This is blasphemy in the planner world, but part of the development was organic. It was a little bit undiscovered, it had a little edge. The urban pioneer and the family that wanted something different went there. I always laugh when planners give themselves credit for every change.

Indiana infamously showed its conservative face recently. How do you sell a vision of planning to a conservative community that might be suspicious of planning?

We have such a small planning world: we're in a conservative part of the country that does not fund planning heavily. We have maybe five or six long-range planners, whereas some cities our size might have 25.

I can lament that and talk about that ad nauseam, but it's who we've been as a city. We tend to be very low-tax and low-cost. We don't have the resources and talent that many some municipalities with big staffs have. That maybe makes my job a little harder. But I think we do more with less better than anyone else in the country.

How do you exert influence with such a lean staff?

It's a little bit of a flip. My personal planning philosphy kind of derives from some of the Chicago planning of the turn of the last century where you have these city central committees that created the Burnham plan, and out of that, municipal government started saying, "we can do that; we can deliver on this."

I generally don't believe that municipal governments are particularly good long-range planners. I say that because most municipalities tend to run along various election cycles. The larger civic leaders should be more the long-range planners and municipal government should be more the mid-range and short-term doers. When a big vision is cast, let's have it be cast by people who are more likely to be around for years to come and hold our feet to the fire.

Plan 2020 is a large civic planning effort that's going on right now. A small nuance is that we have partnered with the Greater Indianapolis Progress Committee, which is a business leaders consortium, and said, "Go and lead our vision for the next six or ten years so that you can be champions no matter who is in office."

You mention the Burnham Plan. What were your personal influences?

I grew up in Northern Indiana. I always treated the city as a magical thing. I was very influenced by this idea of Burnham's plan for Chicago, this idea of casting a vision, but casting it in a way that said, "this is where we can be, now someone has to take up specific parts to get this done."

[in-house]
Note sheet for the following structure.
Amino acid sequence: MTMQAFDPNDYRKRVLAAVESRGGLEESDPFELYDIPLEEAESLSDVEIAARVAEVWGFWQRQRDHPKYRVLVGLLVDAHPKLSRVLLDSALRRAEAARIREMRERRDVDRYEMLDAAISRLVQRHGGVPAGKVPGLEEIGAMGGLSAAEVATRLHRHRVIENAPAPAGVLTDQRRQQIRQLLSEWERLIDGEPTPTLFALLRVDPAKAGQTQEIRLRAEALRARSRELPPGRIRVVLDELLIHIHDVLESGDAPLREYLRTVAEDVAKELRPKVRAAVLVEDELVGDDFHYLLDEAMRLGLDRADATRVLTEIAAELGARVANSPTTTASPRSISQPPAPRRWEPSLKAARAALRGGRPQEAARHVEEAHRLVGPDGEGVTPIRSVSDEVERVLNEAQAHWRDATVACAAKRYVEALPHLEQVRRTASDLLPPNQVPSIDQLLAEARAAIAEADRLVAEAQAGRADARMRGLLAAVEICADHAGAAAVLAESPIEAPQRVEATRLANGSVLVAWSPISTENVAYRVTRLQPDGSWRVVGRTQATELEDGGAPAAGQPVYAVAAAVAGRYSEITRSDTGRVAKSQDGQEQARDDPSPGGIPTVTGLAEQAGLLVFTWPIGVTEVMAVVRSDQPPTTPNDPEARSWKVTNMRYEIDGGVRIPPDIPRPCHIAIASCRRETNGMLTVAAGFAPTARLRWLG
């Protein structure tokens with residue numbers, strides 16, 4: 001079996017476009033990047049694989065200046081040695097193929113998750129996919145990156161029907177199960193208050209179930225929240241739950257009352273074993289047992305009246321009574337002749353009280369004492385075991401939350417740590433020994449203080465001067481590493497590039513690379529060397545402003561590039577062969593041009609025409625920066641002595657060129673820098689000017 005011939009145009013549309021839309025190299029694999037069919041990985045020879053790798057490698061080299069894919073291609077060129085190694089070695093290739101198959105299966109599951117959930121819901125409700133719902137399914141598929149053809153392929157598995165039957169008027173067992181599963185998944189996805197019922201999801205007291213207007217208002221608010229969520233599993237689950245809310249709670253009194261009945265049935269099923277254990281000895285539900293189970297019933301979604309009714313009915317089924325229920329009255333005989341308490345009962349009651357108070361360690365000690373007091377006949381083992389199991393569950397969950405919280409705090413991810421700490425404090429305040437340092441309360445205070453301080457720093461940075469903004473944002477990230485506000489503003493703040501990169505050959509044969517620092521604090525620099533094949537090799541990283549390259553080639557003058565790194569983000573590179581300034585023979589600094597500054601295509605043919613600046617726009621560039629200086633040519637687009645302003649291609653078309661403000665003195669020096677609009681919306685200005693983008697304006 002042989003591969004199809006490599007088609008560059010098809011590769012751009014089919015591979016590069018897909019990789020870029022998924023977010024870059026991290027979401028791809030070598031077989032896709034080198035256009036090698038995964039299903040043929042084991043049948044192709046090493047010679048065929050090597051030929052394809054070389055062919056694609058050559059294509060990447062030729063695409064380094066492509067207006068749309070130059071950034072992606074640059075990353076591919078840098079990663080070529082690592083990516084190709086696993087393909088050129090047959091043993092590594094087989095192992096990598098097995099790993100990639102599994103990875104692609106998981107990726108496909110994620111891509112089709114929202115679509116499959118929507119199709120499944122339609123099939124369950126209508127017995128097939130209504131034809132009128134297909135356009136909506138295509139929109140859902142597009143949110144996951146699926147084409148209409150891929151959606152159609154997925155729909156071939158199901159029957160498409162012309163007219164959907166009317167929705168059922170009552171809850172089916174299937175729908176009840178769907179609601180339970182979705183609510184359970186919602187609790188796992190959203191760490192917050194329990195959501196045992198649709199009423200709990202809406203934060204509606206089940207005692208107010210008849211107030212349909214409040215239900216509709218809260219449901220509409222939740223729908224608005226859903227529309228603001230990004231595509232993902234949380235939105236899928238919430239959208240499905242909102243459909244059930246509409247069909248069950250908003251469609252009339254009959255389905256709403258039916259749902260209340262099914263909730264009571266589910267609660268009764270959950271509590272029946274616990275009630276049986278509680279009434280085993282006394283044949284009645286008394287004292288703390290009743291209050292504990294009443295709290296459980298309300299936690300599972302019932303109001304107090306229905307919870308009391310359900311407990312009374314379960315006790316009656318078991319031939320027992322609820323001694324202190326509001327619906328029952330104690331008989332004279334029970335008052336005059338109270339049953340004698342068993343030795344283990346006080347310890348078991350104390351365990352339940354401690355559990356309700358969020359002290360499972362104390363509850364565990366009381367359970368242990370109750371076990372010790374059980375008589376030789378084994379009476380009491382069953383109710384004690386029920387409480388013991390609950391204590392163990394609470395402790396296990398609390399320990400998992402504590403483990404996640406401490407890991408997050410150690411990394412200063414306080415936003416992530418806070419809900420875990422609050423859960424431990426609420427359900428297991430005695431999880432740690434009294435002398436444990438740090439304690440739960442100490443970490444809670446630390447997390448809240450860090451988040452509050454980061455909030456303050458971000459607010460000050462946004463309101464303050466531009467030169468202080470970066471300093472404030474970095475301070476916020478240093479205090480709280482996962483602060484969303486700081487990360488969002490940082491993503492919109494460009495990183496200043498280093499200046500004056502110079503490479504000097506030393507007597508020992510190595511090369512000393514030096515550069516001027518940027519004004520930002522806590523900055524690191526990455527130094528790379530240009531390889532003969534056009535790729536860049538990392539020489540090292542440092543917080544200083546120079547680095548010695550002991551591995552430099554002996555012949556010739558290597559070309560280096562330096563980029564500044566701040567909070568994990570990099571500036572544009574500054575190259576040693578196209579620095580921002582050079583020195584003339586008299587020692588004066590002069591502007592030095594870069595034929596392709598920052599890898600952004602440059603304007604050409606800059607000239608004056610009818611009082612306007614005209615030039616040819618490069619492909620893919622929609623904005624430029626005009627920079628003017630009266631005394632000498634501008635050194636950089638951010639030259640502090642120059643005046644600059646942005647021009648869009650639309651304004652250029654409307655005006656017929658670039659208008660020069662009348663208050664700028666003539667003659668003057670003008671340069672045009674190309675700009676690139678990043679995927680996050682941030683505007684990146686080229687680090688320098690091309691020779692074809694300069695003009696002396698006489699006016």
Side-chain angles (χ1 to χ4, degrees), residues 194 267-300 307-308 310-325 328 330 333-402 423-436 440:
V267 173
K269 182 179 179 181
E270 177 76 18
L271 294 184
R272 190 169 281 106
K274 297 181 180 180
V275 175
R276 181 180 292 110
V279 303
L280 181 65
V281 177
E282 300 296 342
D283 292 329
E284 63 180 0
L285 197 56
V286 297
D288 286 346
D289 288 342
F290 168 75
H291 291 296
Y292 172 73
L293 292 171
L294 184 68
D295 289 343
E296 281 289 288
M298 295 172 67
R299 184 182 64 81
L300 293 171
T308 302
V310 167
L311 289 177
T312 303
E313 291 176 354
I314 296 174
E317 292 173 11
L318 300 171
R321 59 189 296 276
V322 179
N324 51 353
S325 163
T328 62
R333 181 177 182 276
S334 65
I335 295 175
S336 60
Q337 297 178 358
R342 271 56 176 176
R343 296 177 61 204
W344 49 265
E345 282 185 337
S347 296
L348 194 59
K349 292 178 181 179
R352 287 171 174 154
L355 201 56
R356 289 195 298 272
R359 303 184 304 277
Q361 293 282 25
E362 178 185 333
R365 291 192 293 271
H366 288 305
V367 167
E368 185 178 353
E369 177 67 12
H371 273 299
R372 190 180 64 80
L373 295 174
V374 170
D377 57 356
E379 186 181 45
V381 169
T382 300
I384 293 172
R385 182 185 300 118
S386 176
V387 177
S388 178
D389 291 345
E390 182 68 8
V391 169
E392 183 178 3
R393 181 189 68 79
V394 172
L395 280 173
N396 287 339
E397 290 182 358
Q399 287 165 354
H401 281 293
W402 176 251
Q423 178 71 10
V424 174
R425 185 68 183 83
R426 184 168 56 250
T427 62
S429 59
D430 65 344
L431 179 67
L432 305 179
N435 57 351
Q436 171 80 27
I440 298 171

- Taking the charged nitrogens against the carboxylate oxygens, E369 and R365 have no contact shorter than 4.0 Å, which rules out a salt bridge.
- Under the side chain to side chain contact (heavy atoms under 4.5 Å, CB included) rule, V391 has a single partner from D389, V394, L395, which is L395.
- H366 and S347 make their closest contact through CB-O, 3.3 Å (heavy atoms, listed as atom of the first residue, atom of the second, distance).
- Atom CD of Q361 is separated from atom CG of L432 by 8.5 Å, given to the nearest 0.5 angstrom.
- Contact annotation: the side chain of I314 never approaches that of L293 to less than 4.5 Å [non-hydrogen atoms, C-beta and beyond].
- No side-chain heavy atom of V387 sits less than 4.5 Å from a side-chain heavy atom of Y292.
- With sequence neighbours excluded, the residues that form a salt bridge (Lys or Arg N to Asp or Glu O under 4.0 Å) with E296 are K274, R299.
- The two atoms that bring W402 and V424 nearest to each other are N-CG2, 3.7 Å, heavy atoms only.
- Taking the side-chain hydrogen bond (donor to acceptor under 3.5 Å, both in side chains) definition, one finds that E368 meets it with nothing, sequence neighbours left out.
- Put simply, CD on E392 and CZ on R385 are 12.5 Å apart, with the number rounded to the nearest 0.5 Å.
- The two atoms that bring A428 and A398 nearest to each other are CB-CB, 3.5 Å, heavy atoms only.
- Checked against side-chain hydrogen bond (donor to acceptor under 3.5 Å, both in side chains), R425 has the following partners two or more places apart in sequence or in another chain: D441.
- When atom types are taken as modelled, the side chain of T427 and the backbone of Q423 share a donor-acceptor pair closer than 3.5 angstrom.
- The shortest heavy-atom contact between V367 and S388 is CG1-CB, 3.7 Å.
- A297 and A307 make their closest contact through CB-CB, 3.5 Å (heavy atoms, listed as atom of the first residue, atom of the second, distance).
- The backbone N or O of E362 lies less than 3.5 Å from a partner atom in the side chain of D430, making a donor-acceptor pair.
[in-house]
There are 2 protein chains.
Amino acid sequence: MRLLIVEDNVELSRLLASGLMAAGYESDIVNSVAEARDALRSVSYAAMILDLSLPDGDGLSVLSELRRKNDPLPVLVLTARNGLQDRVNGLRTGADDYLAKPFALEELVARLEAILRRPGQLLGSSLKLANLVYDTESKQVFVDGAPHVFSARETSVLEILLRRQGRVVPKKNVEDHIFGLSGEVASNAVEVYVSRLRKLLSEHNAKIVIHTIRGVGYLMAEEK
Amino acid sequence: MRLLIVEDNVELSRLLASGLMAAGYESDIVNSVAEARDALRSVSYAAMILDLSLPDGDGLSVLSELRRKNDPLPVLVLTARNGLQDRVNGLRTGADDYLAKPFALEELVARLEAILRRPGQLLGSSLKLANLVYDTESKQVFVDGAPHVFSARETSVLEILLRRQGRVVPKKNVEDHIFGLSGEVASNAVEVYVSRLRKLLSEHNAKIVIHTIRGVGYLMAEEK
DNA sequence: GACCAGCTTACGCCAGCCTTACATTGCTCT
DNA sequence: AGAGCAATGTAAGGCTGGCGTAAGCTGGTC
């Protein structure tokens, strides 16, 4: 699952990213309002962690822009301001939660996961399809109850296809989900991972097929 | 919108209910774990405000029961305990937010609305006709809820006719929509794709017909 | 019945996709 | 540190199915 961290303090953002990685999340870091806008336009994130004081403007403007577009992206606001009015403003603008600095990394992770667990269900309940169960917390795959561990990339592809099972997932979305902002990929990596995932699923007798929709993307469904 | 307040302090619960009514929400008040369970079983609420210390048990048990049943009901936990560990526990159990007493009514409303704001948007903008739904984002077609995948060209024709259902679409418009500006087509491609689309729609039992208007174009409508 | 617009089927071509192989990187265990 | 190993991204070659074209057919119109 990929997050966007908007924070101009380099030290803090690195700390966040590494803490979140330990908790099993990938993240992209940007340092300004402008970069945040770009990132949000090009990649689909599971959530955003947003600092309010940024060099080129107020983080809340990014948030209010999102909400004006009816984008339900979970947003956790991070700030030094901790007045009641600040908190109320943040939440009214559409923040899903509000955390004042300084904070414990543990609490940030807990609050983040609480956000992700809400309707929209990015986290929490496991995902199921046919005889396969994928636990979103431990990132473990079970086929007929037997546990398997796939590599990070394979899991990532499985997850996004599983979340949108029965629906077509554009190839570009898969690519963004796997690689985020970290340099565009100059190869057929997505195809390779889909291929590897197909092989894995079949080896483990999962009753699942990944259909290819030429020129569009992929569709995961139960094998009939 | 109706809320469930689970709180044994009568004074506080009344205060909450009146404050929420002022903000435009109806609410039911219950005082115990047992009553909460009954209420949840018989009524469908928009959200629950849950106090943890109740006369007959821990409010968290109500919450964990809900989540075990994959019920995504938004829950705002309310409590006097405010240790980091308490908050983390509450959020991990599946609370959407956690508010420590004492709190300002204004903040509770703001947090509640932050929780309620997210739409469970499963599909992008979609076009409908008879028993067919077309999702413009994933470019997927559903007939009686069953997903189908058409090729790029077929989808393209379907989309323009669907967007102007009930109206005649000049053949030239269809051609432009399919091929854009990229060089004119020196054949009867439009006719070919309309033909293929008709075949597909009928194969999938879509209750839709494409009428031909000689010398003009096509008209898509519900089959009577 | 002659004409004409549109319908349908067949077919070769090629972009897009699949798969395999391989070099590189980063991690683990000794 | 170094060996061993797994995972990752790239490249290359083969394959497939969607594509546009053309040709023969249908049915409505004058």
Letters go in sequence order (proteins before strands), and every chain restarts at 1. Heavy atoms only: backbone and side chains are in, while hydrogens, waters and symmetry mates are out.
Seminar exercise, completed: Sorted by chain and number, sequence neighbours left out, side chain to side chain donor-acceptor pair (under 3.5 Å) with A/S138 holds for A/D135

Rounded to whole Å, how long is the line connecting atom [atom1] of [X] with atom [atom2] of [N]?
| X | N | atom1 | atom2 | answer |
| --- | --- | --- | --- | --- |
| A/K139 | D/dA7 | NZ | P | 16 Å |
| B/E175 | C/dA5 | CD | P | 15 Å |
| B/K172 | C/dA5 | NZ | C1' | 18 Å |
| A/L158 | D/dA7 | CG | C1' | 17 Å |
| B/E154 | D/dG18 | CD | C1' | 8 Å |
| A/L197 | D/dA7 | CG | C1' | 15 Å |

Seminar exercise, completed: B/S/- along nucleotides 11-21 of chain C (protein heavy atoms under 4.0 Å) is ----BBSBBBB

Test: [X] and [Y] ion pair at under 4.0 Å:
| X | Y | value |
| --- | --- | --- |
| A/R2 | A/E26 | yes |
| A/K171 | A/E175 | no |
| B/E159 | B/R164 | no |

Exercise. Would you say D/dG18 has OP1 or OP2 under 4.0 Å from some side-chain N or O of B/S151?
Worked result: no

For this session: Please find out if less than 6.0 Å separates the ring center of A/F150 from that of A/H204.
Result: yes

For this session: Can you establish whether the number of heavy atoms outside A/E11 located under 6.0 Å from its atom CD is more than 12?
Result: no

I think I'm also influenced by my background in dealing with actual real estate. After I left SOM, I ran a small consulting company that helped developers and municipalities think through redevelopment alternatives. I blended the social science of planning with the physical and financial science of planning. I'd call that urban design plus real estate.

Do planners need more exposure to the real estate world?

It's my number-one concern: you have someone who desires to shape and mold a city environment and doesn’t understand the levers to shape and mold that. They rely on someone else to pull the levers, and there’s always something lost in translation.

The same goes for the construction and engineering world. Way too many planners come out of school and become marginalized and lose influence. That’s unfortunate because a planner’s world view and ability to be problem-solvers. When I talk about my education, I don’t really talk about that I did some project that designed some mock city. I talk about that it was a problem-solving education.

What planning scholars influence you?

What I think has been very influential in the planning world—whether or not I would say I’ve been influenced by them—is this whole Richard Florida creative class conversation, which I would prefer not to ascribe to Richard Florida but instead to this whole series of authors that are talking about talent.

Talent is now very mobile, it's very picky, that cities are more of a commodity than they have been before for talented people. They can go to the supermarket of cities on the web and go see a pretty hefty chunk of what it would feel like just sitting at your desk.

Most municipalities have to ride on their status in that menu of commodity cities: How do you stand out? Who are you trying to attract?

What are some stereotypes about Indianapolis? How true are they?

No way is Indianapolis as a city flyover country. People made a joke of "Indiana-noplace." I don’t think that's fair. The RFRA stuff created this sense that we're all Podunk pumpkins sitting on a porch. No one around here thinks any of that crap is relevant to us. That was infuriating.

A city urban experience can be found here. We might have rural property, but no one views the city that way.     

One fair criticism is that we have not really carved out our brand niche very well. Most people associate us with things like the Indy 500 or the NCAA and now, joking aside, the recent controversy around RFRA. I think we let humility be our marketing campaign: we're just doing good stuff. But we're not going to necessarily brand and package that well. We don't have a great city narrative.

Final thoughts for planners in your part of the world?           

You have an opportunity in your career in Indy to get into civic leadership very quickly. It is a very welcoming place. I'm 37, and to be the director is just a great opportunity. I'm lucky that Mayor Ballard has asked me to do it. You can make a major civic impact very quick if you choose to.           

This interview has been edited and condensed.